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"Town Planning Road."

"Town Planning Road."

The road itself is about forty-five feet wide, instead of being made out to the full width, thus obviating unnecessary expense in estate development. Note the distance the houses are set back from the frontage and the tree-planted avenue.

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work the children reverted back to the old condition of semi-starvation.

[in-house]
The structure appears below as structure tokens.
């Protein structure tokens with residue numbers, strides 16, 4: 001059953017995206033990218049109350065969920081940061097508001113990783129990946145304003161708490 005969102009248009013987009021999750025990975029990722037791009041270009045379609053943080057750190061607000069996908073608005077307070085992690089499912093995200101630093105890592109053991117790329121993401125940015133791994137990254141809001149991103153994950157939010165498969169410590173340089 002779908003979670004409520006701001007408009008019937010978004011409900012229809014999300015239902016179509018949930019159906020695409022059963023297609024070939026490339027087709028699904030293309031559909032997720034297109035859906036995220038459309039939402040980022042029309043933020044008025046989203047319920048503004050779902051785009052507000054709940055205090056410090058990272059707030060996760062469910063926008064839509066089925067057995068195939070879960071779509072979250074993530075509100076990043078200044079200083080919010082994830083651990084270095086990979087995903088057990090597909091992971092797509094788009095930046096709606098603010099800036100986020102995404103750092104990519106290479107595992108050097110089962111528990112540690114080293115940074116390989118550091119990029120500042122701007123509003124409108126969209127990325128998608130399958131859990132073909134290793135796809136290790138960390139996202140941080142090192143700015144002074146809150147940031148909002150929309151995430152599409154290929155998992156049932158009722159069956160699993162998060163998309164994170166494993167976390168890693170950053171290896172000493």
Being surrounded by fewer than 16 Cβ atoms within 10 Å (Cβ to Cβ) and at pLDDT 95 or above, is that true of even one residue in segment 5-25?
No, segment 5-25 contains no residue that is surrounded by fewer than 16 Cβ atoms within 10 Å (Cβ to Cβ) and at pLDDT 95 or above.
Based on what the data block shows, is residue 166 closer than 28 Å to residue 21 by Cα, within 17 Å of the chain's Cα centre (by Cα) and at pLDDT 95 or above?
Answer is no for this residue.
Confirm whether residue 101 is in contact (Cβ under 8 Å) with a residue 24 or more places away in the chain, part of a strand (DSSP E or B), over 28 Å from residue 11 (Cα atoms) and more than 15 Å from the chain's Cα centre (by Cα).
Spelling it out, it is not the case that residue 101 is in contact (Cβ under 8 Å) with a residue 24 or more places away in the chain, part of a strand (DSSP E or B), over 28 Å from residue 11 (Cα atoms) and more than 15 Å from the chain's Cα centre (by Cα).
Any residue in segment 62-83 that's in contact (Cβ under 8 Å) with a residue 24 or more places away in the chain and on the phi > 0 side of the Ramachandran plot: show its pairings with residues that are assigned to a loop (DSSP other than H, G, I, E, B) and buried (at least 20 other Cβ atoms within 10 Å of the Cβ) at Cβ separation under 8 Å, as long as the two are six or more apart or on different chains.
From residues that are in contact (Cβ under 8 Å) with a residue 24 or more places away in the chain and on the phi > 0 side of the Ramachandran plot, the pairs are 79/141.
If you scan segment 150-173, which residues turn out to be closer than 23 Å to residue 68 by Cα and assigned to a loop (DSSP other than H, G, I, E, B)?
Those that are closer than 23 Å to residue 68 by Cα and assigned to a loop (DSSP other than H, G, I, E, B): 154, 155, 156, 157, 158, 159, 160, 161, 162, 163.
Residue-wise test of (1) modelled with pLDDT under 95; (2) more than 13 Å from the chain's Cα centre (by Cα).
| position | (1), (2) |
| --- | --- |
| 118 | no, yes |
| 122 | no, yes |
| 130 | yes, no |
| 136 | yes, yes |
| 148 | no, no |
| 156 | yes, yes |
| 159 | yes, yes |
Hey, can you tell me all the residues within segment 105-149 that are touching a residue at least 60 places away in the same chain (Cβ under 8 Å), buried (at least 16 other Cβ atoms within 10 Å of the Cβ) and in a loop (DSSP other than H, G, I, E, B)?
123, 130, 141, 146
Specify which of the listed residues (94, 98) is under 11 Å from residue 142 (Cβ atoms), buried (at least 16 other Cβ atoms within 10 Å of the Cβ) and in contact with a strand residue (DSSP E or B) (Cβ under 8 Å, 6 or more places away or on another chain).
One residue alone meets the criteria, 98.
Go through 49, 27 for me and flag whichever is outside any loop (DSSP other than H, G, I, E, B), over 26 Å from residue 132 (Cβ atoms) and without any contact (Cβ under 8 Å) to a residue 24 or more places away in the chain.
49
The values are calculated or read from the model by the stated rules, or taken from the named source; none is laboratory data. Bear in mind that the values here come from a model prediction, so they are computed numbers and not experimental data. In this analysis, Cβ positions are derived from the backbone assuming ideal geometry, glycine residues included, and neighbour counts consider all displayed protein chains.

"We hardly know the children," said one of the Infant Mistresses. "They have put on flesh and filled out, whilst the effect on the child's intelligence is indisputable. Summer and winter we used to have children falling off their seats, fainting for the want of food. It was just heart-breaking to try and teach them. The most backward children were invariably those that were underfed." All through Bradford, so far as it is possible for a visitor to discover, there is a remarkable optimism prevailing in regard to the children. The doctrine that feeding would undermine parental responsibility received a rude shock when the Educational Committee showed that it had had scores of letters from parents expressing the utmost gratitude for what has been done, and readily giving payment for the meals supplied. "The question has a much deeper aspect than is commonly realised," said one of the officials in charge. "Nine-tenths of the people do not know how to feed their children. They have not got the means of knowing. When the father and the mother work in the mills, as is usually the case, what hope is there for the child? It therefore devolves upon the Municipality to undertake the work, and with the help of medical science and the specialised knowledge of foods that exist to-day, the Municipality can do it better, cheaper, cleaner and altogether more efficiently than the parents. This feeding of the school children is one of the greatest hopes we have for breaking into the darkness and misery that surround so many of the homes in this city."